Client Stories

Jay's Story Image

Jay's Story

Your wife or your life


Jay, the successful CEO of a Fortune 50 company, had it all. In his fifties, he had earned the means to retire in luxury, but his passion for building corporations kept him in the business world. He had been so immersed in work that he felt his children had grown up without his participation.

Though he experienced anxiety, Jay only knew that things were amiss because people close to him told him he was out of control. His doctor warned him that he had all the indications of an impending heart attack. Jay’s wife demanded that either he do something different to support their marriage, or she was filing for a divorce. This is the situation that prompted Jay to make his first appointment with Jody Michael Associates.


A no-nonsense person, Jay found coaching more attractive than psychotherapy. He valued the multidisciplined approach Jody Michael Associates employed in their coaching practice. Further, he appreciated Ms. Michael’s corporate experience and her understanding of the need for confidentiality when working with a corporate executive. His work colleagues needn’t know that he kept weekly appointments by phone to work on his own issues. And due to its convenience, the meetings did not raise suspicion.

Within the first few sessions, JMA found that Jay regularly ignored his own body’s feedback. Stress, anxiety and personal loss indicated that he spent too many of his resources working. Indeed, he enjoyed the rest of his life, but work didn’t leave much time for pleasure. With this information, Ms. Michael helped Jay observe his own feedback. She asked him questions that encouraged self-reflection and developed insight. 

After an initial breakthrough, JMA demonstrated how he could find more time in the hours he had, and prioritize to even the balance between family, self and work.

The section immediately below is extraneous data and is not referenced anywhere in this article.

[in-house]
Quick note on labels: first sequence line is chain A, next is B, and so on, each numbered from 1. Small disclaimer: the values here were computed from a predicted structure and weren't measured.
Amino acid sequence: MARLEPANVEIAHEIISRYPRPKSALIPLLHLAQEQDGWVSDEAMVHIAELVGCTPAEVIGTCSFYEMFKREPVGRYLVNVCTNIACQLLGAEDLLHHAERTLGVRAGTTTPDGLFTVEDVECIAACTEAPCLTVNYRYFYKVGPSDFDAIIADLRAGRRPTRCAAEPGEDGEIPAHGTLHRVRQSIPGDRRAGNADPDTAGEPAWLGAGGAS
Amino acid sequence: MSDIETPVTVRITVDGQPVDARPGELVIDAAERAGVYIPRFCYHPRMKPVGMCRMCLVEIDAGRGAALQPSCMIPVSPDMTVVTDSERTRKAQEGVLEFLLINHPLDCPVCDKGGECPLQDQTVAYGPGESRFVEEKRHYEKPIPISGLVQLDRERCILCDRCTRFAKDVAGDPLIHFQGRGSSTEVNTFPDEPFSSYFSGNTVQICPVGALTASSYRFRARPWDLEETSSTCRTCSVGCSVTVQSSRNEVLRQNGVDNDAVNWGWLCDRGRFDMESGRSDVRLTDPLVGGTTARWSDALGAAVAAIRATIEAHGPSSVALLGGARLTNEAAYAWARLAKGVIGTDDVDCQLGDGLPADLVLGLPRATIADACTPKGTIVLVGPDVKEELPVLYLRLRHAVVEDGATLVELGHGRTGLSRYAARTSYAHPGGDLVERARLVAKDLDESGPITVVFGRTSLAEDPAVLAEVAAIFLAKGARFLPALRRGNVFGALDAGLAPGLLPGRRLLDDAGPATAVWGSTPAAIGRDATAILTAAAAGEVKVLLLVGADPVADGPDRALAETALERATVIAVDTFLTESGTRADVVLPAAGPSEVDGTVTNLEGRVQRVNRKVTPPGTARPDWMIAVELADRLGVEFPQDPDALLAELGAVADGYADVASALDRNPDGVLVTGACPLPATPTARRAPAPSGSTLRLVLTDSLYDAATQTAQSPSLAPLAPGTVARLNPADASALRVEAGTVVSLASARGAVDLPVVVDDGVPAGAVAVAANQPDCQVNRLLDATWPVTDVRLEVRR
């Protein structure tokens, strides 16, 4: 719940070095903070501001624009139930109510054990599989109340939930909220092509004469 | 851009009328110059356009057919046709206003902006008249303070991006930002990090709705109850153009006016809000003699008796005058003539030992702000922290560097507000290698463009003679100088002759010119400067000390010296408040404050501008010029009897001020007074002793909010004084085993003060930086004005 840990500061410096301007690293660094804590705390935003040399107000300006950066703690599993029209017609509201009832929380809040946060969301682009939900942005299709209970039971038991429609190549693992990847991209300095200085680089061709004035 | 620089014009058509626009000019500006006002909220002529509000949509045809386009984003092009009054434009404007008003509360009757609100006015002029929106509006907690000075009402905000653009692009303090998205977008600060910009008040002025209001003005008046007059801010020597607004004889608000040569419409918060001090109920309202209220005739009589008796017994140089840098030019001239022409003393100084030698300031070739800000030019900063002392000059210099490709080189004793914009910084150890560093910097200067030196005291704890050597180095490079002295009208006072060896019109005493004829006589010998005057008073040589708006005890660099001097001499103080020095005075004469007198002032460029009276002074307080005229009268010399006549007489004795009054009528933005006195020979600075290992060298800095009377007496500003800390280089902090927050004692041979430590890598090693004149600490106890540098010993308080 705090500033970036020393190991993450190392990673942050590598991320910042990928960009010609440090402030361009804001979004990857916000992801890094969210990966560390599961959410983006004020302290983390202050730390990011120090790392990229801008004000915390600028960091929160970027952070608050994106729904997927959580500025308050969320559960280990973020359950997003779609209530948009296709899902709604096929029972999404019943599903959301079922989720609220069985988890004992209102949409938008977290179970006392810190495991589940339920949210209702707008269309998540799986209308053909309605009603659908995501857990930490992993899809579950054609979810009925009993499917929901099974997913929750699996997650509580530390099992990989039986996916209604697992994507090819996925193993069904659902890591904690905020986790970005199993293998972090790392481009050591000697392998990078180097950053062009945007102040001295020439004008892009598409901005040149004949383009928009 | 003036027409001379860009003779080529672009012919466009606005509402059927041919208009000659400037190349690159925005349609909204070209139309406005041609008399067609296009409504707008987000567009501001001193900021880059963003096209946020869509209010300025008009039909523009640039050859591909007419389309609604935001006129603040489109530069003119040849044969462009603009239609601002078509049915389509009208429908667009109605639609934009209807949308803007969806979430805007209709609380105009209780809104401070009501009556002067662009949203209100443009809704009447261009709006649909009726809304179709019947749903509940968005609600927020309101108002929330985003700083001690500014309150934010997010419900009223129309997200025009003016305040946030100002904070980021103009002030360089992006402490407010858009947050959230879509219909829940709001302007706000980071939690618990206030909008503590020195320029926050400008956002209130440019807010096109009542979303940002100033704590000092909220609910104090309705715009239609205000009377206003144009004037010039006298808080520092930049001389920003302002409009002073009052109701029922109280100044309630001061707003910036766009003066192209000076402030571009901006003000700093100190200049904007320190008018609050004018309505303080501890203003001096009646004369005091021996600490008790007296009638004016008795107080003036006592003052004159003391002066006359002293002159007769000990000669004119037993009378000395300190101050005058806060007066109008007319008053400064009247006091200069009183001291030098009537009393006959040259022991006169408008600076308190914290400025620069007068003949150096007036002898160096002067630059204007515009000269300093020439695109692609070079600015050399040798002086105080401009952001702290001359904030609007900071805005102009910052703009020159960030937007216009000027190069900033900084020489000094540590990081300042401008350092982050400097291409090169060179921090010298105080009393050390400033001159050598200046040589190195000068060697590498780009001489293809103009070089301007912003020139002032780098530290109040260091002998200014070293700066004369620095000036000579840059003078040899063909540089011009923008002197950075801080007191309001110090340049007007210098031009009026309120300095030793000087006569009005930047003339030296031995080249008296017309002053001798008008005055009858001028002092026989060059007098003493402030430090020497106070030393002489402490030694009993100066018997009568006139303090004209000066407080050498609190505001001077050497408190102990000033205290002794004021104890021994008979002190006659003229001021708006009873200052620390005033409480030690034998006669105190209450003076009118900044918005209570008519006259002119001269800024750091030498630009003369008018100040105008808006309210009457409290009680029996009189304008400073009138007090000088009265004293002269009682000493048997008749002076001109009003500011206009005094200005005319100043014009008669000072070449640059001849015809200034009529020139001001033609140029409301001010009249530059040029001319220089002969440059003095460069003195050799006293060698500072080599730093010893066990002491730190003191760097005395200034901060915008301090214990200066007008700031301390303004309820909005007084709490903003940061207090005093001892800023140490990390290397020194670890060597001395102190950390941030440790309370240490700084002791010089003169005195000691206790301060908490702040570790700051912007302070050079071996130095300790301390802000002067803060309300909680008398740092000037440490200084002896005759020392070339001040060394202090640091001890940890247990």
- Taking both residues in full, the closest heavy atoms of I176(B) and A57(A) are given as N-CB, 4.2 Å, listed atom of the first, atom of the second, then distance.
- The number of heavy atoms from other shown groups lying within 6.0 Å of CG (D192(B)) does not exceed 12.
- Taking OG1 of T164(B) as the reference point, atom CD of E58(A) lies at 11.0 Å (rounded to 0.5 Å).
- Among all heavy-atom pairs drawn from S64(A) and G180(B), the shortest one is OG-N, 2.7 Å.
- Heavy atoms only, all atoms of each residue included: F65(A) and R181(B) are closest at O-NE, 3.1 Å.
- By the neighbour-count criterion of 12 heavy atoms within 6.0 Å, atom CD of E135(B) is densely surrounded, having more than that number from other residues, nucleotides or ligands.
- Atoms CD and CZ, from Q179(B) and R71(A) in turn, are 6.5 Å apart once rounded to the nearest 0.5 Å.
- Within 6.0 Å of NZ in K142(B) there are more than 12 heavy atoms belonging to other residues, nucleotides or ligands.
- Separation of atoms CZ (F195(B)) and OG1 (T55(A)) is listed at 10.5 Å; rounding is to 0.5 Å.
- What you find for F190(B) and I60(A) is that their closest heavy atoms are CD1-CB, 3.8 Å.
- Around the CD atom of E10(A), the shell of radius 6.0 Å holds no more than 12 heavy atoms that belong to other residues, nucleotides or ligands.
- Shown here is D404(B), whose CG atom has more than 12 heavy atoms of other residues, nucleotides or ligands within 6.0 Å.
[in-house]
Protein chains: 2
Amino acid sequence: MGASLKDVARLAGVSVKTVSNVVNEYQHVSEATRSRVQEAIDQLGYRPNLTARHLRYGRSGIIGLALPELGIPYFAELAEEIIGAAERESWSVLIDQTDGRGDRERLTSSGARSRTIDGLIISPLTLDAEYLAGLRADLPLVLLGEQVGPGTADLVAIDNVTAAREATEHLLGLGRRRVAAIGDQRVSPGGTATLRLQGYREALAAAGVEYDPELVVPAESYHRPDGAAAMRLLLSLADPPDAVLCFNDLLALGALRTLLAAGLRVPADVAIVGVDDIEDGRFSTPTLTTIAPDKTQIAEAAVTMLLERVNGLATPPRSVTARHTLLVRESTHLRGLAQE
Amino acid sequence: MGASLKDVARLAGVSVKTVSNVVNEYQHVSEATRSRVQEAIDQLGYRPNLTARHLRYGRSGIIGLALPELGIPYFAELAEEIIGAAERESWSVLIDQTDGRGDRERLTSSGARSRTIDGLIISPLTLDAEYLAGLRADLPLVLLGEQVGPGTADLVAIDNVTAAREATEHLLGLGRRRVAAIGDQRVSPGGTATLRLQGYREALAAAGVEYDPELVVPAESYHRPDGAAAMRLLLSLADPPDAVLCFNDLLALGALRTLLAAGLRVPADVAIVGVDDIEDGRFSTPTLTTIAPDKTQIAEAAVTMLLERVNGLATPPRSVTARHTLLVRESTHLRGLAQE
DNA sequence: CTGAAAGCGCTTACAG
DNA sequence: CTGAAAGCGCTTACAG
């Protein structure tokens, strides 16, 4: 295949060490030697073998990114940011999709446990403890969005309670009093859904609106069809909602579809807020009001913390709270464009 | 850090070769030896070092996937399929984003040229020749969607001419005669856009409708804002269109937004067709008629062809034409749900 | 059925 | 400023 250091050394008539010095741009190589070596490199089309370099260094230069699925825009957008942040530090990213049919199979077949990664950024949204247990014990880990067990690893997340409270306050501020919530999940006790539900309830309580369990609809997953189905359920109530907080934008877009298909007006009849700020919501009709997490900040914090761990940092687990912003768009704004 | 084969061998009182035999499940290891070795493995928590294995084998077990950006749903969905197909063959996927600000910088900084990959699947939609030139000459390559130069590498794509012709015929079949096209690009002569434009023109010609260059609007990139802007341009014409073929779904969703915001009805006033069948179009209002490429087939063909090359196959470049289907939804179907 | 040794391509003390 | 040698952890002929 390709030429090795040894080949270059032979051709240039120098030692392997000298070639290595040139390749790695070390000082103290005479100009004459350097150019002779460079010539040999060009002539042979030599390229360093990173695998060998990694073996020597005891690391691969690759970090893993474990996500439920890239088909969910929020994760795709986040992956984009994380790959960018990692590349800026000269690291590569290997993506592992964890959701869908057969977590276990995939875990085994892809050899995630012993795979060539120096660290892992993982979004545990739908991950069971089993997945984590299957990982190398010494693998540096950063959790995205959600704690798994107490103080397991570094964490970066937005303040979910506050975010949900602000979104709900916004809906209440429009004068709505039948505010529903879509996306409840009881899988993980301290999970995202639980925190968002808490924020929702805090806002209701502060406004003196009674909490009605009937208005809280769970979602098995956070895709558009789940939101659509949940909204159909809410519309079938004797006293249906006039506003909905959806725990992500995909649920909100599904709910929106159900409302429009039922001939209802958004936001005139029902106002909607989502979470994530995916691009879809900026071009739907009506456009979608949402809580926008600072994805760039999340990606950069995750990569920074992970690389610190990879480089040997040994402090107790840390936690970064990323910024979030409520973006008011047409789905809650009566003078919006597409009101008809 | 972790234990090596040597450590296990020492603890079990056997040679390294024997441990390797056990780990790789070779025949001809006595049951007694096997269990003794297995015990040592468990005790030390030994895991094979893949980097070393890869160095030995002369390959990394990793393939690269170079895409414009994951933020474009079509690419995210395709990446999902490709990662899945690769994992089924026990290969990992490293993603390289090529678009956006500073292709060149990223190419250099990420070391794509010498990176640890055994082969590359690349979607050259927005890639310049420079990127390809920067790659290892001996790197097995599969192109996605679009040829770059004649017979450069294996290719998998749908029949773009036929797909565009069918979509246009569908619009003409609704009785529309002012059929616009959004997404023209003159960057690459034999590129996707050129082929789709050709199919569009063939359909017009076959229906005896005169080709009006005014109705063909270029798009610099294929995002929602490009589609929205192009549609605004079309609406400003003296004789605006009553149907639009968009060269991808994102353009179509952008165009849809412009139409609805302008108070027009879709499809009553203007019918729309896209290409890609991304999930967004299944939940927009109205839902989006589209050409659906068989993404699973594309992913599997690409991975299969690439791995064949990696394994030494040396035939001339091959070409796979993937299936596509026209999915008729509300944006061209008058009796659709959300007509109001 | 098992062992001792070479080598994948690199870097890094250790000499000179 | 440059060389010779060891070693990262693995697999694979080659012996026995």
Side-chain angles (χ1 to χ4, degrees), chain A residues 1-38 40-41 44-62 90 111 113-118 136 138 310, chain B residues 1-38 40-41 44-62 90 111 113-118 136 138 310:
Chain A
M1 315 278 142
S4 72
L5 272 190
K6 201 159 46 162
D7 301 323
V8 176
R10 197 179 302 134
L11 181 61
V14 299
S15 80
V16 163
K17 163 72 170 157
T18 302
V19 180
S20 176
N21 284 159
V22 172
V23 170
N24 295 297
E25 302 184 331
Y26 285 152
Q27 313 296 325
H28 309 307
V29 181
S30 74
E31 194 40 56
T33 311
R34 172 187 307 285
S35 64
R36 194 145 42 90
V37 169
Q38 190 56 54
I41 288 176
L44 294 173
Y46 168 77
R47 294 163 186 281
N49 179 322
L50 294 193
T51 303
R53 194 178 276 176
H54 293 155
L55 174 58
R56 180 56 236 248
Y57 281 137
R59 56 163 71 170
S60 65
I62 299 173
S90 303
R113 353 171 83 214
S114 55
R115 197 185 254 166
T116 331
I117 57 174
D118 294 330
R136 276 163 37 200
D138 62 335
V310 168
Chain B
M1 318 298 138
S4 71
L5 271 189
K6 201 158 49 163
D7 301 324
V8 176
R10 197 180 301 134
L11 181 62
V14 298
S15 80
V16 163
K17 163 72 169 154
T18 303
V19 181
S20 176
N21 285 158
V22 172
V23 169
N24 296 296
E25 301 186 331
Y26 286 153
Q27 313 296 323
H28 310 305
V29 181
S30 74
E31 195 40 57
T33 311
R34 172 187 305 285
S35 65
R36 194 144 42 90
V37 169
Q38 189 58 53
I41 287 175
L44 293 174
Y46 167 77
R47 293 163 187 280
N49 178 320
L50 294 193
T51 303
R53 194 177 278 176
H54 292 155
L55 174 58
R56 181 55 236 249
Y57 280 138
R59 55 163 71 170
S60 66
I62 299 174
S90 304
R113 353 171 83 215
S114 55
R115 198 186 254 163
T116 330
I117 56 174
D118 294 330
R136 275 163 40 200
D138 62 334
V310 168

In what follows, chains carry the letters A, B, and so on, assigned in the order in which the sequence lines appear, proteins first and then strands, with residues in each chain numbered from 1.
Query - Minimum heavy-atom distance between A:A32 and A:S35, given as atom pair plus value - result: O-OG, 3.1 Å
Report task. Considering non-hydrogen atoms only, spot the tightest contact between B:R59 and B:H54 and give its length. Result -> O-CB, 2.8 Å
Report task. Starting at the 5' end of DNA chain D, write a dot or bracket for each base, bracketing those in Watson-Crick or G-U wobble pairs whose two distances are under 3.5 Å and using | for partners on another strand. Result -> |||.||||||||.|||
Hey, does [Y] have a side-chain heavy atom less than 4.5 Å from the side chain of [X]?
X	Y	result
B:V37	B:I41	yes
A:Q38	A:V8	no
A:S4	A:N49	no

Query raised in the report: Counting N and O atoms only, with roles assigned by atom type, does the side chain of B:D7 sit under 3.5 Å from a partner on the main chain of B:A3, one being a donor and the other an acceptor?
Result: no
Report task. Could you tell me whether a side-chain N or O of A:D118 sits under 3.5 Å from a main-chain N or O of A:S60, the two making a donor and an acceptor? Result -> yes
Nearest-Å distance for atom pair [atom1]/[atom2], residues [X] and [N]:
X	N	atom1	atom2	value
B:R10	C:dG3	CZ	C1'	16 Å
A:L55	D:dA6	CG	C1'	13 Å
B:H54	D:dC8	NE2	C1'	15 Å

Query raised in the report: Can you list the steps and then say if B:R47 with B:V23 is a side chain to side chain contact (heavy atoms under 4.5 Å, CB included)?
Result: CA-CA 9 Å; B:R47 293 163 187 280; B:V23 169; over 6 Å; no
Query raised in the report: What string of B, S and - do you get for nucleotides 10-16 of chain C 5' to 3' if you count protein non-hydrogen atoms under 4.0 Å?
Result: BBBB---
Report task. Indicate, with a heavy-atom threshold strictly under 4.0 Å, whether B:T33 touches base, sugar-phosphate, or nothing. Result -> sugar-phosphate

Jay developed a schedule that included more time with his wife, his children and a new exercise regimen. JMA pointed out his habitual, avoidant behavior, which no one else had been willing to do. He received coaching around reducing the time pressure he had assumed was a part of corporate life. In coordination with his doctor, a nutritionist and a travel agent, JMA implemented a program that included regular exercise, heart-healthy meals and frequent, long vacations.

As he observed how recreation improved his health, his relationships and his effectiveness at work, Jay discovered that finding the time for leisure was not the zero-sum game he had previously imagined. The biggest reward he walked away with was a rekindled relationship with his wife and kids. Near the end of our work, Jay’s wife called and left the following message: “I don’t know what you’ve done or how you’ve done it, but I just wanted to call and thank you. I feel like I got my husband back and the kids got their father back. We’ve actually scheduled our first two-week family vacation instead of our usual long weekend getaway. Thank you.”


Please note: The names of clients, their employers and certain identifying details have been changed to respect their privacy and maintain confidentiality.


The biggest failure you can have in life is not trying at all."

-- Emil Motycka
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